The two are now helping with RCIA classes at their parish, Our Lady of the Lakes in Waterford, sharing the purpose they have found since entering the Church. “It is great to see others with the same spark I was given through grace,” Josh said. “I enjoy watching them grow each week in their faith and understanding. It's a rare and intimate experience to share in the journey of so many people.”
Witnessing Christ in service to those in need
St. Christine Christian Services remains a beacon of hope in northwest Detroit for those in need of its services. But exactly who benefits most from this ministry of nearby Christ the King Parish may be up for debate.
“It has humbled me more than I could have ever imagined and just made me grateful for every day that I can go there and serve,” said Maureen Northrup, a social worker whose position is funded through the Catholic Services Appeal. “I feel like I’m doing the work of a disciple.”
Situated in Detroit’s Brightmoor neighborhood, “St. Christine’s” provides hot meals and groceries through its soup kitchen and food pantry, as well as clothing and assistance with utilities and tasks like obtaining a birth certificate, making a photocopy, or reading a document. “It’s the simple things we all take for granted,” Maureen said. “We give them the assistance they need on a daily basis.”
After Maureen researched food pantries at other social service organizations around the country, St. Christine’s began offering a self-serve pantry program. Instead of clients receiving a box packed with staples, they now choose themselves from what the pantry has available. “It’s about dignity and respect,” Maureen added.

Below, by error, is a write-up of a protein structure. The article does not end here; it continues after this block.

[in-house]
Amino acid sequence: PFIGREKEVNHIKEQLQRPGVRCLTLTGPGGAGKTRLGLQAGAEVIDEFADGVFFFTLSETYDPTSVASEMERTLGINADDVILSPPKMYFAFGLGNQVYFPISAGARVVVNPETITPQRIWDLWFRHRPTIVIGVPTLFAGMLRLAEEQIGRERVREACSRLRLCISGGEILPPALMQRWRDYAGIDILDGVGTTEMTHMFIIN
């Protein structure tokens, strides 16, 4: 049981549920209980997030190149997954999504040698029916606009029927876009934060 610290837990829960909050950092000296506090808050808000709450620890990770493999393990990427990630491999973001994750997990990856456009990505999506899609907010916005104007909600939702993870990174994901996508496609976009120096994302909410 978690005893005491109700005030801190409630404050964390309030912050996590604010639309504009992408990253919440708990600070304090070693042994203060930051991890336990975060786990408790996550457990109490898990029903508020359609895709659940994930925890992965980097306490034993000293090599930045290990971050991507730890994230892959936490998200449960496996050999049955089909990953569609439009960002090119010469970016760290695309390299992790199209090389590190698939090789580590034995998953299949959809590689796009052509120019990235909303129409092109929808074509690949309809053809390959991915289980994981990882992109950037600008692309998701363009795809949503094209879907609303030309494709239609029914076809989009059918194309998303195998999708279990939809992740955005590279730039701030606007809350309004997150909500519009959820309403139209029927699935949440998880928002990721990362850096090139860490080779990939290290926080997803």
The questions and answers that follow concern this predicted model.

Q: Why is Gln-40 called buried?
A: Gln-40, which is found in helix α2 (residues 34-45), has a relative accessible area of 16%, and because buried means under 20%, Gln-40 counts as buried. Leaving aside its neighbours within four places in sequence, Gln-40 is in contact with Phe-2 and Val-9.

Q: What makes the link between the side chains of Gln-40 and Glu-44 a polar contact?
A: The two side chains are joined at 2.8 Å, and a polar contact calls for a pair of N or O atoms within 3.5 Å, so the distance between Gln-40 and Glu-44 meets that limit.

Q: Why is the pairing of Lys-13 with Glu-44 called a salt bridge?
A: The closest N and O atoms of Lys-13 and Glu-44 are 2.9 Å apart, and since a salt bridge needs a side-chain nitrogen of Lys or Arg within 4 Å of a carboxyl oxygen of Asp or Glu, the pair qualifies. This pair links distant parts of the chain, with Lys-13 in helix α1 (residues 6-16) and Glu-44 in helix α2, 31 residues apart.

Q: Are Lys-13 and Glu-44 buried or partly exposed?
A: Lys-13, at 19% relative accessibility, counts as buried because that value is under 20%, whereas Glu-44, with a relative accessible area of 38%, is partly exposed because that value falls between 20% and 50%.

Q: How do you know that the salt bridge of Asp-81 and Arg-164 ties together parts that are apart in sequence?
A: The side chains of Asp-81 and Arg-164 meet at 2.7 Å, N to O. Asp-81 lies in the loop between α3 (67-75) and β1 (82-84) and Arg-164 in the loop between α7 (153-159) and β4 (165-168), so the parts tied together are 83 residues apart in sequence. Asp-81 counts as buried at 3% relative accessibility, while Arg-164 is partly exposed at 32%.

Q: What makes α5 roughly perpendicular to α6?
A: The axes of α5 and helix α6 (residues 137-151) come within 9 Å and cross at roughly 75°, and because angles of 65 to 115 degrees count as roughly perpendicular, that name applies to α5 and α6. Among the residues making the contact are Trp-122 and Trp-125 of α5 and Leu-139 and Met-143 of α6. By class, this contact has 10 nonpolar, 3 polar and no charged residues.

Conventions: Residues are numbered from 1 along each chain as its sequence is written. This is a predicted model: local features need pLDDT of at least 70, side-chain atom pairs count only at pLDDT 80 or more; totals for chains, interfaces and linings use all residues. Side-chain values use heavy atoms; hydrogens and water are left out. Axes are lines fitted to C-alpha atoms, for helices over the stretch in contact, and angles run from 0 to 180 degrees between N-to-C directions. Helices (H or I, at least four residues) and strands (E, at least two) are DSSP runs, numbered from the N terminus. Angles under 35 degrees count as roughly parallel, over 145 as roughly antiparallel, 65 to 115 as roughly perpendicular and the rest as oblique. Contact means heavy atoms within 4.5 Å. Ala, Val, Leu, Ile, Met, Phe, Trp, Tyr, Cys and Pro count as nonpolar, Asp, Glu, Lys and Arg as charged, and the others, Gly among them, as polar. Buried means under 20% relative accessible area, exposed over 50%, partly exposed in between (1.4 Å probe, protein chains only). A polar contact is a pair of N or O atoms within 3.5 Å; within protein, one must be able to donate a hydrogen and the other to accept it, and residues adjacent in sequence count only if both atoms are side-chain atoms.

Clients include the homeless and working poor; families, single parents, and grandparents raising grandchildren.
The Parish Empowerment Fund encourages parishes to initiate or enhance evangelization efforts in their communities, and grants also fund scholarships for lay people at Sacred Heart Major Seminary. Last year, the CSA provided more than $631,000 in PEF grants to parishes and vicariates.
Witnessing Christ in our schools
Each day at Most Holy Trinity Elementary, a specialized charging cart containing 30 laptops travels from classroom to classroom, keeping students at the forefront of technology.
“We’re enlightening them,” said Karina Lepkowski, interim principal. “Having these items in our students’ hands is enhancing their educational growth and their understanding of what it means to be a contributing member of the community beyond our walls.”